Wingate concerned over biking damage to national parks
The island’s parks are being destroyed by bike riders who cause erosion and “deep ruts” in pathways, according to a leading conservationist
David Wingate added that the needs of cyclists and pedestrians were “incompatible”, and that bikers should be given a separate space to carry out their sport.
In an e-mail to The Royal Gazette, Mr Wingate – a world-recognised conservationist who worked to bring Bermuda’s national bird, the cahow, back from extinction, said: “Bike users inevitably cause much greater trail erosion than pedestrians.
“This is especially true on steep slopes where deep ruts are created and result in serious soil erosion in heavy rain.”
Mr Wingate pointed out that public parks were established for the enjoyment of pedestrians – and that bikers were putting that pleasure in jeopardy.
He said: “I have always been led to understand that parks are for the passive use of pedestrians to enjoy the natural environment – nature – via walking trails to varied habitats and beautiful viewpoints.
“Harvesting of resources for commercial use is prohibited and harvesting for private use is limited to such natural crops like fruits and nuts, fish and shellfish, which can sustain it without modification of the natural habitat. Such use may have to be regulated to remain sustainable.
“Under this definition, most special interest sports, especially spectator sports involving the use of wheeled and motorised vehicles and spectators have to be excluded.
“Such activities are generally confined to areas specially set aside for them and modified for the purpose. Again, in respect to the shortage of land available, areas especially adapted for recreational sports areas are limited.”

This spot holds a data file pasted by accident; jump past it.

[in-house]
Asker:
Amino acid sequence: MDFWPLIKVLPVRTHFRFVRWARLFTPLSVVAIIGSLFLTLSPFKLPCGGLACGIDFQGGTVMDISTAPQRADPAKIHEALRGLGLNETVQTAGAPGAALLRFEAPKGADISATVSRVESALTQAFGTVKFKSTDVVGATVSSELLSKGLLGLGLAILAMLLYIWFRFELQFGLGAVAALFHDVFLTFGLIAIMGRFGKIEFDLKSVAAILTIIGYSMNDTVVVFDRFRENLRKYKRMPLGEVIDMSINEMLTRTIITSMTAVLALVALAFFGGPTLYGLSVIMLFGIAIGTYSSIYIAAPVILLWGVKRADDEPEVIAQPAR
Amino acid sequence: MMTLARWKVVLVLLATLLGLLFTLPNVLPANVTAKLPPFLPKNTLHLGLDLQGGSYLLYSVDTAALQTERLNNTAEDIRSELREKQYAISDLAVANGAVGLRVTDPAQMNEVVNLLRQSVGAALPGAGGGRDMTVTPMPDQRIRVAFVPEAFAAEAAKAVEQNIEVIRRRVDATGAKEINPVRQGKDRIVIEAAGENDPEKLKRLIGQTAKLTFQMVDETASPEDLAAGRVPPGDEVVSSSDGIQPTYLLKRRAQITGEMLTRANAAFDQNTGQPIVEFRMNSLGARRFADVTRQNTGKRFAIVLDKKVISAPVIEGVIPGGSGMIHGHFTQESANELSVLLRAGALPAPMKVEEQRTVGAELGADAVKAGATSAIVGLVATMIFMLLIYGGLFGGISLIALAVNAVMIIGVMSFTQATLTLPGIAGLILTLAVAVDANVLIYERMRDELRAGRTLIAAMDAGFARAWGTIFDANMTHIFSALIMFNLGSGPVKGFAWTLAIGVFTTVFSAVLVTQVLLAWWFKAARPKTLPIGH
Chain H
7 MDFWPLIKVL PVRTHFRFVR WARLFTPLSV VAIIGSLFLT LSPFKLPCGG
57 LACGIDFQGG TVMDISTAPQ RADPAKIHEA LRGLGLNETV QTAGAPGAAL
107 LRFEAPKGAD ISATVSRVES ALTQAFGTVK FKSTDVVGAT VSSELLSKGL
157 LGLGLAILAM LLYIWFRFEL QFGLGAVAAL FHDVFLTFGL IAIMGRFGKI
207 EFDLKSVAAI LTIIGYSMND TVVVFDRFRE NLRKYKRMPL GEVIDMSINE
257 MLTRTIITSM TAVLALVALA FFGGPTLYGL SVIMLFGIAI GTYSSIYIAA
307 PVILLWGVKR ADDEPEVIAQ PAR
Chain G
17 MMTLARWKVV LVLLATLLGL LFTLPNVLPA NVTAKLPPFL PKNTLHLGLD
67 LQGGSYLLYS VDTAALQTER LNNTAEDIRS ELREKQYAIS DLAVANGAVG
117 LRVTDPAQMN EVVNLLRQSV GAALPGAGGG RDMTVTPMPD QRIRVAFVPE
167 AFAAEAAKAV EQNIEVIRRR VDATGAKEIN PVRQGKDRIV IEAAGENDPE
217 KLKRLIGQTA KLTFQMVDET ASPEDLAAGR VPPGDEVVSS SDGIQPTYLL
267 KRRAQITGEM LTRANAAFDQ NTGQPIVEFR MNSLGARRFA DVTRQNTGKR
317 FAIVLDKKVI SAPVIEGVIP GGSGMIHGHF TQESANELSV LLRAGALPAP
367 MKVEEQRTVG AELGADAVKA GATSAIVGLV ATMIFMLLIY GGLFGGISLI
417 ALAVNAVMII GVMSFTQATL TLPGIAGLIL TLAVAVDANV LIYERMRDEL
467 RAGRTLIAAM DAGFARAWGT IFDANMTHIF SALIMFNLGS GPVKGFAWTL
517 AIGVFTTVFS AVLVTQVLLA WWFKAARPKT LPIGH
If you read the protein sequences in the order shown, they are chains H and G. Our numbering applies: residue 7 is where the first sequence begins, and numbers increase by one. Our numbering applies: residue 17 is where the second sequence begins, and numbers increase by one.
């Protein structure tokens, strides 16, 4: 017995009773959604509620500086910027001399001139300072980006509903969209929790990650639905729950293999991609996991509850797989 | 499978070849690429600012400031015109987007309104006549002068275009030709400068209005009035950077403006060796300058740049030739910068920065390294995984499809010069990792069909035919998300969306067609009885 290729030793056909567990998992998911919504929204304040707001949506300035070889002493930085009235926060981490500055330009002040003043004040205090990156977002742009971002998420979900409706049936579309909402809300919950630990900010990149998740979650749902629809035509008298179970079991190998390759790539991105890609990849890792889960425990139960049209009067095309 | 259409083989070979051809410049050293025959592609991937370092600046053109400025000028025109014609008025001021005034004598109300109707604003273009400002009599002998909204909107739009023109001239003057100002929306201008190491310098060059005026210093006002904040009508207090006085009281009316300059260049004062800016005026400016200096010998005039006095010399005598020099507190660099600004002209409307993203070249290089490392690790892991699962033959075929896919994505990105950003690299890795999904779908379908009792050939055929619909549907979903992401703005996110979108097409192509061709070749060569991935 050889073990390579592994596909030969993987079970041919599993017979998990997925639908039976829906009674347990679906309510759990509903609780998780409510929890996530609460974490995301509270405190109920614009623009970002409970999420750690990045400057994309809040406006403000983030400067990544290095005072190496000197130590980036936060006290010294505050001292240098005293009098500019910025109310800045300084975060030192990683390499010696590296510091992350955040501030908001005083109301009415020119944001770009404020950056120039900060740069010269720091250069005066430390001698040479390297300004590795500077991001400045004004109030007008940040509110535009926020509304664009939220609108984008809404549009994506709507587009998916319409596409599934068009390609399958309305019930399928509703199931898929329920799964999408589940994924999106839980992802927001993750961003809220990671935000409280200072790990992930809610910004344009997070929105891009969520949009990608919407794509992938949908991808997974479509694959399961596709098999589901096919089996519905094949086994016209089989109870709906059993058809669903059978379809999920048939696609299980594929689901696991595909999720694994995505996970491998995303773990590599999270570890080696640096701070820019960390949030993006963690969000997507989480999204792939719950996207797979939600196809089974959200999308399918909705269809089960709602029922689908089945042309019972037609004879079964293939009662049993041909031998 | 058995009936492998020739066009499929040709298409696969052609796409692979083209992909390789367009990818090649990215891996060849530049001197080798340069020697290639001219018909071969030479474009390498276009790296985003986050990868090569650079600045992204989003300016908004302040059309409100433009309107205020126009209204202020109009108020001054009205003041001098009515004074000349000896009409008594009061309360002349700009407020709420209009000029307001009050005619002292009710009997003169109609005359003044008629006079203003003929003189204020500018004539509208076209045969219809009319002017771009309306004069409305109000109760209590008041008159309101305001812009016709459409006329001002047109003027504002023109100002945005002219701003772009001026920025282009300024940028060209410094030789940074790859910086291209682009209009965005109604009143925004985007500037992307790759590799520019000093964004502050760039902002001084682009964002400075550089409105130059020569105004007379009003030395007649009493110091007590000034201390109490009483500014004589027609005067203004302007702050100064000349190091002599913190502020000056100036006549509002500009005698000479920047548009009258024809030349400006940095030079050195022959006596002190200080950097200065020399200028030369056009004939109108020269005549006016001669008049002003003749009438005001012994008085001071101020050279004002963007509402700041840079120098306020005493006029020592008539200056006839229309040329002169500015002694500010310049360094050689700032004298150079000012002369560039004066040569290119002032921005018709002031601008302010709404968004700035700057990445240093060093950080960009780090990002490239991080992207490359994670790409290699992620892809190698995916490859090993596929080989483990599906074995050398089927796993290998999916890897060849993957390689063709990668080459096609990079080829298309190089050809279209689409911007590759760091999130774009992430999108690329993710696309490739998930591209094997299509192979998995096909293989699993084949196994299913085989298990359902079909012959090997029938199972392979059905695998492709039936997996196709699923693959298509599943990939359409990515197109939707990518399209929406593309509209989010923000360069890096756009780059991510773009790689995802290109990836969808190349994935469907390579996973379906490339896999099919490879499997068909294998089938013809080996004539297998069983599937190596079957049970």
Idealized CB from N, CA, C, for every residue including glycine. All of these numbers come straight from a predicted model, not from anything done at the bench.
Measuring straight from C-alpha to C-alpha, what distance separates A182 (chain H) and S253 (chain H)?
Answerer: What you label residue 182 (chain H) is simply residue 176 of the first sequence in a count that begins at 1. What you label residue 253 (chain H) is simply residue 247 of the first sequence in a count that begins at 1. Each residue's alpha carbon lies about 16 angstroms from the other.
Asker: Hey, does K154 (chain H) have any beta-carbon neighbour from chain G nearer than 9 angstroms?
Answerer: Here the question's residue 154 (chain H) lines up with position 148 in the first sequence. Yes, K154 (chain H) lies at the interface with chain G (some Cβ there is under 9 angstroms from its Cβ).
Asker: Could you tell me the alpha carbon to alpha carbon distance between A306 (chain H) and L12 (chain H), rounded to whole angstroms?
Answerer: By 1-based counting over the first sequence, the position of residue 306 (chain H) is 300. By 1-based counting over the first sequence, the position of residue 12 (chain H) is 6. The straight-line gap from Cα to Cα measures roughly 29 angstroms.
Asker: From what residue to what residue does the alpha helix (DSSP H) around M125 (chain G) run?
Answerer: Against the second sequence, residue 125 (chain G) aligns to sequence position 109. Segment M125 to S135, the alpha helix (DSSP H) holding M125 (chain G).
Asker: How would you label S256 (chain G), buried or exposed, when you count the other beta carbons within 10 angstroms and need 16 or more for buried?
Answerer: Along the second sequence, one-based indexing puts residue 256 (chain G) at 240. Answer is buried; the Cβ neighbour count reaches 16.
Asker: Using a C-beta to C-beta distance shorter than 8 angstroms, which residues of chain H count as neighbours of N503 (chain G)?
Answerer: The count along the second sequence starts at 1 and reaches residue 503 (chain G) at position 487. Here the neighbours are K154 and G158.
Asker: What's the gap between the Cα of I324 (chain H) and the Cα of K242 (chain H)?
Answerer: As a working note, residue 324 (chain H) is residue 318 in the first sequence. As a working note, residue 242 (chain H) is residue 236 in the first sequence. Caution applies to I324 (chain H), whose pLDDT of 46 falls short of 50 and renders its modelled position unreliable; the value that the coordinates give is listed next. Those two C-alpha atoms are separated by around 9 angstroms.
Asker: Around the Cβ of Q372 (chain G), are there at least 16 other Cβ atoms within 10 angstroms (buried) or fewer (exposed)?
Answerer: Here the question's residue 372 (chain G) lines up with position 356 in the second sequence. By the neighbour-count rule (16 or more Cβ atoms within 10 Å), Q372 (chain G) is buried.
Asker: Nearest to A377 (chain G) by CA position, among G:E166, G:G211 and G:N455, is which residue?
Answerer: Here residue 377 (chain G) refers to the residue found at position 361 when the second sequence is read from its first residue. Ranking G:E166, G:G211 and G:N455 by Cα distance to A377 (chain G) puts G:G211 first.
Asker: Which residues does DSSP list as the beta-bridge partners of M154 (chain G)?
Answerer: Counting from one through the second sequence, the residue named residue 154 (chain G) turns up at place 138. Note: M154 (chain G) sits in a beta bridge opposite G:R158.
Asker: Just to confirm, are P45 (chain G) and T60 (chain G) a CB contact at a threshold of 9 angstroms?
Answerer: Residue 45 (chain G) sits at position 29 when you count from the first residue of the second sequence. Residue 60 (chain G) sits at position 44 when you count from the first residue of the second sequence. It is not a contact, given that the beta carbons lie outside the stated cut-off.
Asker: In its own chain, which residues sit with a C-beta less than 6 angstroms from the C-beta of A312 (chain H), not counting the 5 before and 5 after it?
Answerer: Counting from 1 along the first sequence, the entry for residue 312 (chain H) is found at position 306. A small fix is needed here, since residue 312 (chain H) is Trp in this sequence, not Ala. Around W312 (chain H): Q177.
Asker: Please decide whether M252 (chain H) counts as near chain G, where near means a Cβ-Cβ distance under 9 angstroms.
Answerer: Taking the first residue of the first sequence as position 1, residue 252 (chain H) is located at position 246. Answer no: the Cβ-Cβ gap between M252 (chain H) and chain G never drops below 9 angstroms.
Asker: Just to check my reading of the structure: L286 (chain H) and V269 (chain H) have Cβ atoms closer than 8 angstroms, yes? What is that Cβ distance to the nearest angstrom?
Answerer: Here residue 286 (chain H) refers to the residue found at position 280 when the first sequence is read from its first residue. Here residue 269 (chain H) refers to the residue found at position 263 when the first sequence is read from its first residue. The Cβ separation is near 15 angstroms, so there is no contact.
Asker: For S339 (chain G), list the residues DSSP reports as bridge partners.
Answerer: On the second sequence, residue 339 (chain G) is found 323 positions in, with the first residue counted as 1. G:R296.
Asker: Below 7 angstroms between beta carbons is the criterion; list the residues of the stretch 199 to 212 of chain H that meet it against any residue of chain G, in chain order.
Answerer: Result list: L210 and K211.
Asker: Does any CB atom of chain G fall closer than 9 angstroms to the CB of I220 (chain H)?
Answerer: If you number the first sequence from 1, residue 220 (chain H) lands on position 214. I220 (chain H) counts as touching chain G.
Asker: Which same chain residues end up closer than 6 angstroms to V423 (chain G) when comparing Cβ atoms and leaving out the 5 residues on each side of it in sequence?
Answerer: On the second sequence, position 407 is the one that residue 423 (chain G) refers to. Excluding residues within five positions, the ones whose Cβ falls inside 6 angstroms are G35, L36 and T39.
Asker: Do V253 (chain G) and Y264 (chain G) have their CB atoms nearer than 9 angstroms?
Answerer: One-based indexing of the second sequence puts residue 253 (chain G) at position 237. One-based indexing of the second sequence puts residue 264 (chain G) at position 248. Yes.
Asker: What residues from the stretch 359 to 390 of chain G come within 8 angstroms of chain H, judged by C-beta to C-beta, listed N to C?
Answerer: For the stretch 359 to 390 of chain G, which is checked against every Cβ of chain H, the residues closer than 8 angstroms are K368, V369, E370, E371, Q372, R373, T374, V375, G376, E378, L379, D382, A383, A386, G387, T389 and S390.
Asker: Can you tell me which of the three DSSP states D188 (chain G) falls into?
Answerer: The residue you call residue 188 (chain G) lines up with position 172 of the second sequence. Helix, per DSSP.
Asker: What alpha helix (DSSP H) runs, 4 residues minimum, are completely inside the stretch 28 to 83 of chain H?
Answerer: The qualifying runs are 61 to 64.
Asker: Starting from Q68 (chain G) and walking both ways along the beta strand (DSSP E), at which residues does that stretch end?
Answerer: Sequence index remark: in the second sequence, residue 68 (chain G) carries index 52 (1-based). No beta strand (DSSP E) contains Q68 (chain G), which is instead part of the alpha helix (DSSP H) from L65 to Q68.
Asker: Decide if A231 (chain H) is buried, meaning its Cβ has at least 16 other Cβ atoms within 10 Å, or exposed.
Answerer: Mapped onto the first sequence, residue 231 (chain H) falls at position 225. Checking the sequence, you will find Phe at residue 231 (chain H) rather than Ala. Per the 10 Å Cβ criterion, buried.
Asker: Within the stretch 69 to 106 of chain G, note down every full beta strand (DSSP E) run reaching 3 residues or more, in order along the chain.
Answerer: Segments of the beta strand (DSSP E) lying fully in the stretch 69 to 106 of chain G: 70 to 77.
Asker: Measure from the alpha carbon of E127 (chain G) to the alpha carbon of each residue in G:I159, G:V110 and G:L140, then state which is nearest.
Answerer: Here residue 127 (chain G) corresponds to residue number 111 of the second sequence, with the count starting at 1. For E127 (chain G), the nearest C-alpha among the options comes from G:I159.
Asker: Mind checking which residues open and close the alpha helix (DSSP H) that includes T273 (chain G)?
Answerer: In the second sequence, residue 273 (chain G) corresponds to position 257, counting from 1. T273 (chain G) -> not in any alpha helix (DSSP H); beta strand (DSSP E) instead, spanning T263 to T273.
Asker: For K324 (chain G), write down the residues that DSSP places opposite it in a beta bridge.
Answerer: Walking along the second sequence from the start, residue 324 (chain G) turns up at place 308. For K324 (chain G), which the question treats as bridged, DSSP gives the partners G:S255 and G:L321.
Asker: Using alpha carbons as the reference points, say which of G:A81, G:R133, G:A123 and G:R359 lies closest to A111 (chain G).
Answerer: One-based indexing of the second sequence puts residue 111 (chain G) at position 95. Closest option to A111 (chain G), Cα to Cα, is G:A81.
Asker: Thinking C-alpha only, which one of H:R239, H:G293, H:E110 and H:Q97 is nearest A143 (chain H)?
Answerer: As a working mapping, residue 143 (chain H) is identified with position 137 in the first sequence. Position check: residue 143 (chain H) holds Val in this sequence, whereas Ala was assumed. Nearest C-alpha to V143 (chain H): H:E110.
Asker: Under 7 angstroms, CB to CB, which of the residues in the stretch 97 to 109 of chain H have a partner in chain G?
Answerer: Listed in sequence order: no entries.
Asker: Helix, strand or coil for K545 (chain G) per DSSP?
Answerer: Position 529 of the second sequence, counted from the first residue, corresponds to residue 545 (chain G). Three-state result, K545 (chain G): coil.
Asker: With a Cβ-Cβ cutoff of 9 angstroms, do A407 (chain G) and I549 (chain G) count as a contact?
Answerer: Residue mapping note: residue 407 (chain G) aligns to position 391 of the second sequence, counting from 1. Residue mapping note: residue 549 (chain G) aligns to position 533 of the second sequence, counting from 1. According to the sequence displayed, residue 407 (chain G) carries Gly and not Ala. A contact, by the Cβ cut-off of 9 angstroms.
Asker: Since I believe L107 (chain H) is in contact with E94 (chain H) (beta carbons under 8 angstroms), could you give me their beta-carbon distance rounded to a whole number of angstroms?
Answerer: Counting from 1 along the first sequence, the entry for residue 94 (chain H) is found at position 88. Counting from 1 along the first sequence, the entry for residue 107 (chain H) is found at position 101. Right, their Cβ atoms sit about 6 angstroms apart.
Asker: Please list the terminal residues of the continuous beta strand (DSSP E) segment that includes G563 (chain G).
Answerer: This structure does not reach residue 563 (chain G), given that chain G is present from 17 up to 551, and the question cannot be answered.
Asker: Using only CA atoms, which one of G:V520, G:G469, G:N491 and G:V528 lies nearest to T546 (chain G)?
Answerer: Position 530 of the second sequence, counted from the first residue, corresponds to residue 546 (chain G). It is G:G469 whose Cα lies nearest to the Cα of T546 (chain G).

Calling on planners to set aside a designated area for bikers to pursue their sport, Mr Wingate said: “The only disadvantage from the mountain bikers point of view is a lack of provision for a mountain.
“The only thing that I can thing of to address this is for the mountain bikers to buy or rent suitable private property for themselves with steep hillsides on which a challenging trail can be created.”
Mr Wingate added that motorised recreational vehicles such as scramblers had already been accommodated on the island in a designated spot.
He said: “As I see it there are some things we can do. We have already found a compatible solution for our motorised ‘scramble track’ vehicles, thanks to the extra space that the handing over of the military airport to public use made available in addition to Cooper's IsIand public beach and the passive recreational park there.
“Accommodating a scramble track was undoubtedly the most challenging project of all, because it is so obviously incompatible with passive recreational parks, noise, safety and erosion wise.
“Surely if we can find a solution to accommodating scramble bikes, we must be able to do the same for mountain bikes without impinging on our parks.”